Monday, March 28, 2011

Red Cross steps up work to restore family links

The International Committee of the Red Cross (ICRC) and the Liberia National Red Cross Society have boosted their activities to register and assist unaccompanied and separated children arriving in Liberia after fleeing Côte d’Ivoire.
“The second wave of refugees that has resulted from the upsurge in fighting in western Côte d’Ivoire since 24 February has been more urgent and less well organized than previous arrivals. More families have become separated in the process,” the ICRC said on March 24, 2011.

“The number of refugees in Liberia is difficult to verify”, said Karin Hofmann, Head of the ICRC Delegation in Monrovia. “The refugee population is very mobile and mostly prefers to stay with host families close to the border. In these areas access to humanitarian aid is difficult and we’re concerned that many of these refugees may not receive enough assistance.”
The United Nations estimates that there are now over 90, 000 refugees in Liberia.
Since the influx began, the ICRC said it has registered 54 children who had been separated from their parents and many more have been referred to either the ICRC or the Liberian National Society.
The Red Cross added that it has also provided some 600 free phone calls for Ivorian refugees in order to restore family links and forwarded over 350 messages to loved ones. “As in Nimba County, the number of refugees has started to rise in Grand Gedeh and Maryland counties further south and the Red Cross is adapting its response accordingly,” a statement from the ICRC said.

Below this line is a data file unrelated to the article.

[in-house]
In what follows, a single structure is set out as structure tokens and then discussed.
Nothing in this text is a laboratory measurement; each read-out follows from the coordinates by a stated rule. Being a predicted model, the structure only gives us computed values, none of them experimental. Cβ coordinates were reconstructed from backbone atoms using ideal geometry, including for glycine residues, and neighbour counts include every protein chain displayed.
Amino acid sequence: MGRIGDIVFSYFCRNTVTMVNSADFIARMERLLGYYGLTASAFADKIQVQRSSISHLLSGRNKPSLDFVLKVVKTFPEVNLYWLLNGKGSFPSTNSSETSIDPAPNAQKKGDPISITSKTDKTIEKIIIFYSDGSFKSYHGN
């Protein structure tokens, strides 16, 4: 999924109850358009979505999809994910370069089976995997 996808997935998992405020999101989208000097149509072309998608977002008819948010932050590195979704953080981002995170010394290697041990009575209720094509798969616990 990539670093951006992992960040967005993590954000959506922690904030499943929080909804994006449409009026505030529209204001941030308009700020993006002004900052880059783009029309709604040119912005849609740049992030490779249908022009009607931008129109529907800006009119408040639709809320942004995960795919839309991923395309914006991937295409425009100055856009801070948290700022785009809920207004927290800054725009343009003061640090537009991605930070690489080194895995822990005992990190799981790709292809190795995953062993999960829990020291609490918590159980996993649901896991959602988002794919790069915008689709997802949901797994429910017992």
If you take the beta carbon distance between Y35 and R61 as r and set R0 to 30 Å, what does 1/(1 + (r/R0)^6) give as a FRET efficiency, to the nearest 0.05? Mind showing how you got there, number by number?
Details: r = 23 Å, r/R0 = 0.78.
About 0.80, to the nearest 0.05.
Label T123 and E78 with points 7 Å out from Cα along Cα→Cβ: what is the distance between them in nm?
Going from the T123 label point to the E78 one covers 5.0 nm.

It said the growing number of refugees puts a heavy burden on Liberian host communities. Even before their arrival, there was a “shortage of safe drinking water, adequate sanitation facilities and access to medical care” in some of the remote border villages.
However, Hofmann said the host communities have received the Ivorian refugees and generously shared their limited resources and they should not be forgotten when it comes to humanitarian aid.
To address needs in terms of water and sanitation in Nimba County, the ICRC, the Liberian Red Cross and the International Federation of Red Cross and Red Crescent Societies have built 86 latrines and four bath-houses, while repairing or constructing 23 wells.
In addition, a water-purification and distribution unit was recently installed in the border town of Buutuo, whose population has tripled with the refugee influx. The unit is providing clean drinking water daily to more than 10, 000 refugees and resident Liberians. 

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